Twitter, the microblogging service that’s moving deeper into e-commerce—and perhaps moving closer to an initial public offering—has hired a former online ticketing executive as its director of commerce.
Nathan Hubbard comes from Live Nation Entertainment, which formed in 2010 from the merger of concert promotions company Live Nation and ticketing behemoth Ticketmaster. Since the merger, Hubbard had worked as CEO of ticketing for Live Nation Entertainment, according to his LinkedIn profile. Before the merger, he held a similar job for Live Nation.
Twitter offered no immediate comment, though Hubbard announced his hiring on his own Twitter feed. “To me, Twitter is a cardiogram of the passion of the live moment,” he wrote. “Let’s see if we can get people to transact on the platform.”
Hubbard’s hiring comes as Twitter reportedly prepares for an IPO, and launches programs that could make it more attractive to e-retailers and online marketers.
“Twitter obviously believes there’s a significant, unrealized commerce opportunity waiting to be developed. There’s an opportunity,” says Greg Sterling, founder of research and consulting firm Sterling Market Intelligence. “How large it is remains to be seen. But this hire and the direction it suggests will likely expand the types of marketing options that Twitter can make available to its customer-advertisers.”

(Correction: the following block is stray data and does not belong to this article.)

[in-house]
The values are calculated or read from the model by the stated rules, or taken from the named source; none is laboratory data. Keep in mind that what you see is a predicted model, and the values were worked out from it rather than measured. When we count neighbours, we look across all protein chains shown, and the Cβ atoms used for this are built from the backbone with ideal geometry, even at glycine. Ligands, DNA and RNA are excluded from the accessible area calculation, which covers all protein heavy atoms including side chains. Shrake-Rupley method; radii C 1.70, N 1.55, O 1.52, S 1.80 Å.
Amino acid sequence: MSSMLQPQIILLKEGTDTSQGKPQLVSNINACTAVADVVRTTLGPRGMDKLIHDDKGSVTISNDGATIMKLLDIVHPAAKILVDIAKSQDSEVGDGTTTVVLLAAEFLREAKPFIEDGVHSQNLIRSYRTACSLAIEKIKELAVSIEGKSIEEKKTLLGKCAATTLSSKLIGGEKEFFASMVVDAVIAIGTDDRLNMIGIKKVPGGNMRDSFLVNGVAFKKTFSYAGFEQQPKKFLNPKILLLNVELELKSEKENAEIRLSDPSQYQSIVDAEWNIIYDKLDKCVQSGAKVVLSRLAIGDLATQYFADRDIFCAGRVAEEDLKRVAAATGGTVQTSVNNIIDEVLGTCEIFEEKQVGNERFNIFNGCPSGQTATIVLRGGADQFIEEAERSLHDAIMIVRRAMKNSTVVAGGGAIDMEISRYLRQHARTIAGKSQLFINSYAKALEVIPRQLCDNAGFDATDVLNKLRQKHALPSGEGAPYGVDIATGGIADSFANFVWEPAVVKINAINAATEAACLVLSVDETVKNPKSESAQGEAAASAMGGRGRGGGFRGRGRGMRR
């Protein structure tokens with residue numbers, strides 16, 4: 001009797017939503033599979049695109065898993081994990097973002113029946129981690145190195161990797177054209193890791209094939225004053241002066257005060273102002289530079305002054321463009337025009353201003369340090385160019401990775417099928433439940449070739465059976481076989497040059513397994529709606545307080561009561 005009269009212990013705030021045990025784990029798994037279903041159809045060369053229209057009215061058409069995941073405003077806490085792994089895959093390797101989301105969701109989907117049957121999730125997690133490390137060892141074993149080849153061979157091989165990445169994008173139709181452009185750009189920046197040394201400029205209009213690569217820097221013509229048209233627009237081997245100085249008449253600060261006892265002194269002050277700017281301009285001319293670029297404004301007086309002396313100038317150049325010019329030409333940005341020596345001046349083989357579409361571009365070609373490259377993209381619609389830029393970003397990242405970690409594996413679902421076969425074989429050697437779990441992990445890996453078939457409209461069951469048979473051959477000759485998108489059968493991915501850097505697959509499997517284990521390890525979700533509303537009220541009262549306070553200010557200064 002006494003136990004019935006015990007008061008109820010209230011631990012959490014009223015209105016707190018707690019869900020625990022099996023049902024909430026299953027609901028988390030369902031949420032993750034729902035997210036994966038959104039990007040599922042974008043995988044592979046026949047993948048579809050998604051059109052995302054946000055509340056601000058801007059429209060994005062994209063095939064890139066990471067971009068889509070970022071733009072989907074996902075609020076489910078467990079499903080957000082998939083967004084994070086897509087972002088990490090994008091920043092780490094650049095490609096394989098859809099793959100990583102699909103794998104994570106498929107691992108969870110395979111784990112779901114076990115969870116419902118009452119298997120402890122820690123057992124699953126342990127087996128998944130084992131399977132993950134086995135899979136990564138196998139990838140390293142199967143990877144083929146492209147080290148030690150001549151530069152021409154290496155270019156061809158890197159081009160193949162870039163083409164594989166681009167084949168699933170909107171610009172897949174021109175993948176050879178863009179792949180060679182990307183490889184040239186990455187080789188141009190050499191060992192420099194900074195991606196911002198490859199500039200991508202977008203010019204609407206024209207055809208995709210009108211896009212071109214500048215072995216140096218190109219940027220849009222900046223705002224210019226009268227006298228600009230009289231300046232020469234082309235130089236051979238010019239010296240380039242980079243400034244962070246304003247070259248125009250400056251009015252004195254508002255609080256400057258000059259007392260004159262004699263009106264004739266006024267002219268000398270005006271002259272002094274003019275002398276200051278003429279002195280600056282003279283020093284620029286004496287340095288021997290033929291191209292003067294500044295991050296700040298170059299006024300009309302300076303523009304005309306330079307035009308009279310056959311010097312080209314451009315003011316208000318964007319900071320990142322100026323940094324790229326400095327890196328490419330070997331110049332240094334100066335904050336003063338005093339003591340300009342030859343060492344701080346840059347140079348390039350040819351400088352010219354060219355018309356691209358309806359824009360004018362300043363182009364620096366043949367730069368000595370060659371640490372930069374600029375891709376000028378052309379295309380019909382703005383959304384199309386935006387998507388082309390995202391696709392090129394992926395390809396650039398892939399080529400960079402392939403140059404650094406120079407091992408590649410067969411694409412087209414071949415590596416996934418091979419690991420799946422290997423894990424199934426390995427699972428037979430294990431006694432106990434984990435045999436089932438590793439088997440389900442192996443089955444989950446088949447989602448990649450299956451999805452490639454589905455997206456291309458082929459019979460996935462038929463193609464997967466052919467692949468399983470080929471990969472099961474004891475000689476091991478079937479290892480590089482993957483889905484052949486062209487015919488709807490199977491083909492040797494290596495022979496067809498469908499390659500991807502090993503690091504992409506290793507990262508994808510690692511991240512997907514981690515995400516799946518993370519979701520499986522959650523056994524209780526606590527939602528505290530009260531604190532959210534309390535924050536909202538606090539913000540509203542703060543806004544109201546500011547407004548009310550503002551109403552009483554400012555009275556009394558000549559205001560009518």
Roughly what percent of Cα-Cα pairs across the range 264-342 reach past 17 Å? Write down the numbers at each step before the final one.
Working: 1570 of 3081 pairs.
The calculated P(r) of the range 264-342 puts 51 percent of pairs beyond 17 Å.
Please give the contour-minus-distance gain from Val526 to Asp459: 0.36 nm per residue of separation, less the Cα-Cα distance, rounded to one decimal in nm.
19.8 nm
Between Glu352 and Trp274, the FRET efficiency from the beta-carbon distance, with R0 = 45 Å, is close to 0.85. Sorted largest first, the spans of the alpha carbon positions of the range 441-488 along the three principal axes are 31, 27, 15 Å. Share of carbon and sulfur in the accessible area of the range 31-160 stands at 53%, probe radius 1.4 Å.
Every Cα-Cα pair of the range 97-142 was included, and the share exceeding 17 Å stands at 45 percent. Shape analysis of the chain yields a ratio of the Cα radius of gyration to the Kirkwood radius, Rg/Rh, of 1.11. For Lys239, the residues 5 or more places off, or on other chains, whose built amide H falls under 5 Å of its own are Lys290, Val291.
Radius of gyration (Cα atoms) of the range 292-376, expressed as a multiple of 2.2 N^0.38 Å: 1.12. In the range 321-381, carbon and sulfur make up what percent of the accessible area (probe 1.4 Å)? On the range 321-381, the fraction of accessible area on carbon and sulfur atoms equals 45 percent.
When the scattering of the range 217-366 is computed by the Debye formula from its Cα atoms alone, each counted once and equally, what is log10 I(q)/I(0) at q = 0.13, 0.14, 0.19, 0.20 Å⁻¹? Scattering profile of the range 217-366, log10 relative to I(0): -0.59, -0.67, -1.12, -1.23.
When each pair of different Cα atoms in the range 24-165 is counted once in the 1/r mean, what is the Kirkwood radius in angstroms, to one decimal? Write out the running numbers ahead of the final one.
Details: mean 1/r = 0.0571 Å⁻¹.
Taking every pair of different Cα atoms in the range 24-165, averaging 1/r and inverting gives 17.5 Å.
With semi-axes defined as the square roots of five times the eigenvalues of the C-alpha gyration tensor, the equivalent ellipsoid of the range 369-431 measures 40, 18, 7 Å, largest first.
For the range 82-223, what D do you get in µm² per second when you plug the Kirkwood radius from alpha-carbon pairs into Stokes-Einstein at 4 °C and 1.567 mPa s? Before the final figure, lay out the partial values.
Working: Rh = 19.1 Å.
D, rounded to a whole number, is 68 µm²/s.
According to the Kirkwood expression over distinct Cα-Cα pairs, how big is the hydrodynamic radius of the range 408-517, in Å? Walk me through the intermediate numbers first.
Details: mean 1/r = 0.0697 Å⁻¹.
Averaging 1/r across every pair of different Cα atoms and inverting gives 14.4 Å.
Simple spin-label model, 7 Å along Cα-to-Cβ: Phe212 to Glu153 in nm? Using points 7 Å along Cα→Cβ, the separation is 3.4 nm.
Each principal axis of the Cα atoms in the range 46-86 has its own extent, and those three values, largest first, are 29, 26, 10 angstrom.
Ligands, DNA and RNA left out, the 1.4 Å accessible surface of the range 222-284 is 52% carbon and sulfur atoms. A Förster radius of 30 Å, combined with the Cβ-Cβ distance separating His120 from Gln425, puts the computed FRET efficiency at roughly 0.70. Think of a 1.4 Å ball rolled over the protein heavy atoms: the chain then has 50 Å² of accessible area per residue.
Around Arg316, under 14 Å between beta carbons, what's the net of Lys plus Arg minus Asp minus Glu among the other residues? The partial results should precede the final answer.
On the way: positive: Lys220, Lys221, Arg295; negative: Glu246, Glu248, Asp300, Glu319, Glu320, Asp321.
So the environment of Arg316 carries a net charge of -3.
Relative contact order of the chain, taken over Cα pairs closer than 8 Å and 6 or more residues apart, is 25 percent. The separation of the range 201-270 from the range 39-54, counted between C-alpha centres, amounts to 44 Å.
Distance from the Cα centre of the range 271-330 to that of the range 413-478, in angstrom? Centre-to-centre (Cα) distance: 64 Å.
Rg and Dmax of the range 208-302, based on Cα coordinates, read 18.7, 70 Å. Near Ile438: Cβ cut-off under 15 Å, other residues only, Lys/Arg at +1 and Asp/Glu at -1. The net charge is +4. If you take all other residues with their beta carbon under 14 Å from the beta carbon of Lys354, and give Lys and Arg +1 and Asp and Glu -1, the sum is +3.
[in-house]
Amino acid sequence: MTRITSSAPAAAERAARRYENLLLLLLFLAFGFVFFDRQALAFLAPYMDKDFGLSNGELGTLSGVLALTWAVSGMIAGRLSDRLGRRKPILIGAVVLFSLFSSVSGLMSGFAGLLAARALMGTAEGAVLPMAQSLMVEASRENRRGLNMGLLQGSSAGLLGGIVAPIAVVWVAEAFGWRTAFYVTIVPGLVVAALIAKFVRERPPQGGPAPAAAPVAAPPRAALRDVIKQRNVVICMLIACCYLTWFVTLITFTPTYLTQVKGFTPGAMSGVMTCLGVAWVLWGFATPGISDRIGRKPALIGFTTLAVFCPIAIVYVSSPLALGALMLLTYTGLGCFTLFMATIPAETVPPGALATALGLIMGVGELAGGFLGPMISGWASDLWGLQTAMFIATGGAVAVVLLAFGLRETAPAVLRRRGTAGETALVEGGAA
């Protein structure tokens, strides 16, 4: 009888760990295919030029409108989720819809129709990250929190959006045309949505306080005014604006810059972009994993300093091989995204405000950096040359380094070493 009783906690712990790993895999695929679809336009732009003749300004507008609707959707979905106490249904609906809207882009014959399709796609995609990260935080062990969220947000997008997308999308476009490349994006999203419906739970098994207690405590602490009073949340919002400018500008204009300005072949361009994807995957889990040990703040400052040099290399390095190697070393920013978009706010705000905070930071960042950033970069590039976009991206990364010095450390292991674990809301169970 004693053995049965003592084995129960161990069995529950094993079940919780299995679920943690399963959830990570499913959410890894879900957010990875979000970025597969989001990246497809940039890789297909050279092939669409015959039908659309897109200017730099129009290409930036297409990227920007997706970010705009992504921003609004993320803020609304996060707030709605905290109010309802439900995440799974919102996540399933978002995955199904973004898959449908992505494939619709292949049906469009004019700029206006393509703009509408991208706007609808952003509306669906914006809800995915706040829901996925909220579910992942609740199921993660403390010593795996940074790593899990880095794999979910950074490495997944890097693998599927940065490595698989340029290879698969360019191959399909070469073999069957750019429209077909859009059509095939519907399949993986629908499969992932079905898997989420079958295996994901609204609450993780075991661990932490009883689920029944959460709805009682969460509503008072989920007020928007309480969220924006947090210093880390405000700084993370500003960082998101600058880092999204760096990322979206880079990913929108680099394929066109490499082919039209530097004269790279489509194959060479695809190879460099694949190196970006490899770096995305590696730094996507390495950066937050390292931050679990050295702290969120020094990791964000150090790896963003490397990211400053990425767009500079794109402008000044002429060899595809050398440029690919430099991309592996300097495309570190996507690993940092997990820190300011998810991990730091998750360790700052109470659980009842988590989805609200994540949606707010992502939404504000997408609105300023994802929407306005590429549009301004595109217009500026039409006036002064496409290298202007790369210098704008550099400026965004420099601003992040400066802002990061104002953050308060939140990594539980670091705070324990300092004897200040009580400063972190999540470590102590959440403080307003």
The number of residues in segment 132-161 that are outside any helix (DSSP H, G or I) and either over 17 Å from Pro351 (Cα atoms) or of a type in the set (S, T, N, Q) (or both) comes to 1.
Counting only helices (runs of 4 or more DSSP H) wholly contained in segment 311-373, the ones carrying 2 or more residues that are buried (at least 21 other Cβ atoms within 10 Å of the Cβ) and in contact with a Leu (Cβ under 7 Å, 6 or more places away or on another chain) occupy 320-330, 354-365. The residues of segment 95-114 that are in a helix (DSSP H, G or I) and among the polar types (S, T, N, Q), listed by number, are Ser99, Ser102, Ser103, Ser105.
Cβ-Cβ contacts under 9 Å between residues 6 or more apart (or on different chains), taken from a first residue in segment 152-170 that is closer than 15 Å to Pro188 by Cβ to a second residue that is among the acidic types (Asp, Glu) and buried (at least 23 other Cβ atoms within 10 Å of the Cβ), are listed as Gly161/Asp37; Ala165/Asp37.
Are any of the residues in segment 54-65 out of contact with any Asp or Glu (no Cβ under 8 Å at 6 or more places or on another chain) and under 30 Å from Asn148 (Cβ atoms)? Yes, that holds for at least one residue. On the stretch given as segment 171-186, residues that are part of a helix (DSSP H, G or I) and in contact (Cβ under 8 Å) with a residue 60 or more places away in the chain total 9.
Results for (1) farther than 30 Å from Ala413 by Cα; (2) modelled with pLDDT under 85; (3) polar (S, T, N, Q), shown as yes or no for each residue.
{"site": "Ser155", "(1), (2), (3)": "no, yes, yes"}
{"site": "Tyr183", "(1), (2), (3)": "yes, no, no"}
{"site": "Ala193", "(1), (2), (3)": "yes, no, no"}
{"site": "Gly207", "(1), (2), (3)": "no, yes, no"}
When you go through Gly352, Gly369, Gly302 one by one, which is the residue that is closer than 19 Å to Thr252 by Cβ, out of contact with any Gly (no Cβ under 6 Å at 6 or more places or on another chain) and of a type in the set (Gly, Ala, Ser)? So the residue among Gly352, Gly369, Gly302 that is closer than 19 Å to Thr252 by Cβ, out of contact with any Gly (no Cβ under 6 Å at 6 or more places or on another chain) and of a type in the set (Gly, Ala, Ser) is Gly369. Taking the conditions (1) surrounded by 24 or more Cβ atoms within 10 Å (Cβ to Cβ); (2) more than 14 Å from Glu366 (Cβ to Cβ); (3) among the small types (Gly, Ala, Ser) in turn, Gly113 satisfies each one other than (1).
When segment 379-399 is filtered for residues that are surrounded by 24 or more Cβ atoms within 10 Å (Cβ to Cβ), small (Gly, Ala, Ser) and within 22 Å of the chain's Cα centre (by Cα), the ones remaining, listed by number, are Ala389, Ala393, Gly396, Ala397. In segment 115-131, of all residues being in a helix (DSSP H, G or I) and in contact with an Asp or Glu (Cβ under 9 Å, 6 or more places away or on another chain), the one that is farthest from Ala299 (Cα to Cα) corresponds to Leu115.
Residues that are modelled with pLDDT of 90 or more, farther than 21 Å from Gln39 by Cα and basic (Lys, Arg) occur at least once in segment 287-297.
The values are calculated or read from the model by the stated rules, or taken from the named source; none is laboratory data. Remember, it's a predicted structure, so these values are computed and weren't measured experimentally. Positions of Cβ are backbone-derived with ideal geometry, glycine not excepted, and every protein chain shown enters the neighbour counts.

Last month Twitter said that its users will soon see ads on the microblogging service based on their behavior across the web. That could, for instance, enable a local florist to use its newsletter e-mail subscription list and data gathered from cookies—software that tracks consumers’ online activity—about consumers who have visited its web site to advertise its Valentine’s Day special on Twitter.
Such ads could also drive more traffic from Twitter to retail sites. According to Internet Retailer’s 2013 Social Media 300, which ranks retailers by the percentage of traffic to their web sites from social networks, the average web site traffic from Twitter for the Top 50 retailers in that category stands at 0.31%.
Many retailers also use Twitter to provide customer service. As of June 1, 32% of top-performing brands had a Twitter handle dedicated to customer service, up from 30% in March 2012, according to a recent study from social media analytics company Simply Measured Inc.Favorite